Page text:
I could not imagine that it will be surreal and thinking about the Conception (knowing it can happen) just as you walk down the stairway to your bunk. Have to silently check where is the escape hatch located and what to do for what ifs...Has anyone on this thread been out on a sport boat since the accident to check how things are being done along with looking for all the things being suggested?Im going on one the end of next week.Tom
You're actually not supposed to use home smoke detectors aboard RVs and boats. The detectors for home use are built with more lax tolerances, particularly with regards to temperature. The assumption is that your home will stay within a certain hospitable temperature range. But an RV or boat may occasionally bake in the sun with the doors and windows shut, rising to 130-170 degrees inside.The timeline and type of smoke detectors that one of the crew said were recently installed fits this scenario:
Manually testing a smoke detector ONLY tells you that the battery is good
because no one involved has specifically said that they that did go off. oft times, what is not said is huge.(Although I'm still puzzled how anyone determined with certainty that the smoke detectors didn't go off
let me ask you a simple little question: what would you rather wake up to? a blaring alarm and smoke in the bunk room or fire blocking your exits. your call.smoke detector garbage
As fast as this fire grew and the location of ignition your statement is most likely not an either or situation. I am profoundly disturbed by the fact there are NO, ZIP, ZOT, ZOW fire extinguishers in the passenger sleeping areas on these wooden ships.because no one involved has specifically said that they that did go off. oft times, what is not said is huge.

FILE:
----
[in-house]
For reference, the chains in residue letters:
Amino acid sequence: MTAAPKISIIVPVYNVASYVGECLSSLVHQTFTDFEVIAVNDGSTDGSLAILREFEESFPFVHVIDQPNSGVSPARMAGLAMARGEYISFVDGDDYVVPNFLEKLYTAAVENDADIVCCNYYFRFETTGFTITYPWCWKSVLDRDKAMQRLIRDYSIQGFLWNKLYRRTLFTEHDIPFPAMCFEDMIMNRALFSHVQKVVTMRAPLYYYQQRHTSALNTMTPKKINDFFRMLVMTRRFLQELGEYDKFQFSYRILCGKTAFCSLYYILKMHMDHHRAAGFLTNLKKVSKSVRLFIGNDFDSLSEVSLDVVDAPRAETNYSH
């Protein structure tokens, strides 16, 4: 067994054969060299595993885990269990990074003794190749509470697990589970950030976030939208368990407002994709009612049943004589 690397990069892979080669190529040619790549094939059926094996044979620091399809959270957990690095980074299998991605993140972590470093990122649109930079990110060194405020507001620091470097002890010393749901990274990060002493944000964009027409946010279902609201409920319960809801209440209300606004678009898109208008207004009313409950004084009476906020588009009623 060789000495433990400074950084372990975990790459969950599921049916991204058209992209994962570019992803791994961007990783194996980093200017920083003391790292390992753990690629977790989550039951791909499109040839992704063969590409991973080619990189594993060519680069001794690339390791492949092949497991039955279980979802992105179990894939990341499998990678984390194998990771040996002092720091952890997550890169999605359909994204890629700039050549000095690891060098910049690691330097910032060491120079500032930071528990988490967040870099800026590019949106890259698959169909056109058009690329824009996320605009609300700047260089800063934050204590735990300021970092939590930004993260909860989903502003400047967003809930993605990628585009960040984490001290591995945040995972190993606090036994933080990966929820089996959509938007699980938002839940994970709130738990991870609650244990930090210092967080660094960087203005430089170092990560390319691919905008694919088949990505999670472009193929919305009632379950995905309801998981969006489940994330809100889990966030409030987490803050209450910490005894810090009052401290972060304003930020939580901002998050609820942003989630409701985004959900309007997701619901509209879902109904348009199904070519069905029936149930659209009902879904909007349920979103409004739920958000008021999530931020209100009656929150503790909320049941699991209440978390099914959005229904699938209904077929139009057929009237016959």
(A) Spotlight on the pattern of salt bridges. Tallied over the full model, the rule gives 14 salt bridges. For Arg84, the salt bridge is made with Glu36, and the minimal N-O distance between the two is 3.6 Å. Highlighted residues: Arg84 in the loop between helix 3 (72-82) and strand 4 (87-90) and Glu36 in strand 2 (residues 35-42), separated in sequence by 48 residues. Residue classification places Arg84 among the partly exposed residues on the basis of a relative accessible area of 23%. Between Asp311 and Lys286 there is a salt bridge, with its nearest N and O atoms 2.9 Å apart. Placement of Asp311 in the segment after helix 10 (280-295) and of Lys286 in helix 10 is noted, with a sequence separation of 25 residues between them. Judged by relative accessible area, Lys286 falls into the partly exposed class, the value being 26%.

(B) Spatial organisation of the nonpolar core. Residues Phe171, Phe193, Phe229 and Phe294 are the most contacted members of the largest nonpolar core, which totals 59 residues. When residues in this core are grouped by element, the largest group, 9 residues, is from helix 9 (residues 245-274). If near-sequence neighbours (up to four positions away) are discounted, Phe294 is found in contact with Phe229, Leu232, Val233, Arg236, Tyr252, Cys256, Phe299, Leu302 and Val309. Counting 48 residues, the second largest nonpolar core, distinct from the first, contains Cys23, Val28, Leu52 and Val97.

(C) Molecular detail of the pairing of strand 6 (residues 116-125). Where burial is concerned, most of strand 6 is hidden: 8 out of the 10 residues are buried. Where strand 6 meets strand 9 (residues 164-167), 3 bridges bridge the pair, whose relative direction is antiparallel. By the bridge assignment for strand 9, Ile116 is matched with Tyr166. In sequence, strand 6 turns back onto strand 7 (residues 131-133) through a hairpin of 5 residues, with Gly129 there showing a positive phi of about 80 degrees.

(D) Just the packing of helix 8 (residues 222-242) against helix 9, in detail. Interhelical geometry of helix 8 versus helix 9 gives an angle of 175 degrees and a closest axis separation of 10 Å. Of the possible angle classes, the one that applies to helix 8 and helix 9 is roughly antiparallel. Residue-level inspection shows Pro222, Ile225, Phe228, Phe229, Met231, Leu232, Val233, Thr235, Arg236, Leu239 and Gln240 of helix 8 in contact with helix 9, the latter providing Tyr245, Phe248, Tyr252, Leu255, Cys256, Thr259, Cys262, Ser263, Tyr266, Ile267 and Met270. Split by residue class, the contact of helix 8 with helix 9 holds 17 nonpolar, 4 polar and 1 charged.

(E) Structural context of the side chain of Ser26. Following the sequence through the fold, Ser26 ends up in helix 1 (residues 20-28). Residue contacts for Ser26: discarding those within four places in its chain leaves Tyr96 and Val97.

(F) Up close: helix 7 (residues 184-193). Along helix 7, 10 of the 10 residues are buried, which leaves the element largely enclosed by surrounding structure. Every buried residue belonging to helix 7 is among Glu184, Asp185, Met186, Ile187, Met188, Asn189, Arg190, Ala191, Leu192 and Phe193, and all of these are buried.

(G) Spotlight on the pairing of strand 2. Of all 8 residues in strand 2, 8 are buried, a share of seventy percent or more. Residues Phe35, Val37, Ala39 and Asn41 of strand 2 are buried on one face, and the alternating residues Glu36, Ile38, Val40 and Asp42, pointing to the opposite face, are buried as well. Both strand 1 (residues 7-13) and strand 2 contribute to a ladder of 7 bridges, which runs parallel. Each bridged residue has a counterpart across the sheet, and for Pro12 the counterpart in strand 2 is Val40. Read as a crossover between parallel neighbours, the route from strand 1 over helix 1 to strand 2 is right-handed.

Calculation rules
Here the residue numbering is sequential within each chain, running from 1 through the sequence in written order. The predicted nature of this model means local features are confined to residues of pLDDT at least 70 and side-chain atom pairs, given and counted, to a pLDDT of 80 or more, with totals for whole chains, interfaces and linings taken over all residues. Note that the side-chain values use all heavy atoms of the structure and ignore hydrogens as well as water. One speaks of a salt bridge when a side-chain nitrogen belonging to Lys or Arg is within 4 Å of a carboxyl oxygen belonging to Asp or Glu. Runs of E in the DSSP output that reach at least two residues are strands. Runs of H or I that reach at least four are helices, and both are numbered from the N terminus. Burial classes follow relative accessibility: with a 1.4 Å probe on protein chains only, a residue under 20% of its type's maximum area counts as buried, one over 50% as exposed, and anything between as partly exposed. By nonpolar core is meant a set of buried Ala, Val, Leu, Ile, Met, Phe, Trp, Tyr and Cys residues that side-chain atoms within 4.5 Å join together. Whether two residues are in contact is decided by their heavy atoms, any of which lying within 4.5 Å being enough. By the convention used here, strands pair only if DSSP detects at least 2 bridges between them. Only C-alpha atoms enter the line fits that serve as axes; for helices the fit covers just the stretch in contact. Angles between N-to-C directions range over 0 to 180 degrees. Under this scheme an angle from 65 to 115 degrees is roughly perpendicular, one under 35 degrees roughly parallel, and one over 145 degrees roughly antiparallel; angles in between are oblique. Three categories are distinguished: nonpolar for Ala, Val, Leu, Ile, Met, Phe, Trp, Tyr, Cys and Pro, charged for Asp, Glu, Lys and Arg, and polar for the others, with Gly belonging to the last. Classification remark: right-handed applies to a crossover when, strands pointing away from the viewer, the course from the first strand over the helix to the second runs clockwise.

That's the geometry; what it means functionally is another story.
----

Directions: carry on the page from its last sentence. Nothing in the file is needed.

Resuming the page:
the crewman who awoke to the fire said that he heard "something". Not "the smoke detectors woke me up".
It was a peacefully quiet night in a cove. If a smoke detector had gone off, it would have been heard throughout the cove and over to the other boat. But those folk said nothing in regards hearing a smoke alarm. Neither did ANY of the crew. Nor was it mentioned in the most recent report.
let me ask you a simple little question: what would you rather wake up to? a blaring alarm and smoke in the bunk room or fire blocking your exits. your call.
The USCG has regs relative to fire extinguishers for non-commercial boats so I would assume that they have regs for commercial boats. To determine what the regs require is where I would begin my study of this issue.What a bad joke this has turned into. Page after page of smoke detector garbage and still no discussion or information about where hand held fire extinguishers are on a boat? I guess they are illegal on a boat or everyone on the boat would be unable to operate them while listening to the smoke detectors? With fire blocking your exit there would have been a half a chance if below deck there was a fire extinguisher capable of being discharged to create a moment of possible escape. WHY is this part of the equation not part of the solution??????????????
I am about to go rex
I just got back from a 5-day trip and the safety, exit routes etc. were covered extensively during the safety brief; however, it’s ALWAYS been like that on this particular boat (at least on every trip I’ve been on).Has anyone on this thread been out on a sport boat since the accident to check how things are being done along with looking for all the things being suggested?Im going on one the end of next week.Tom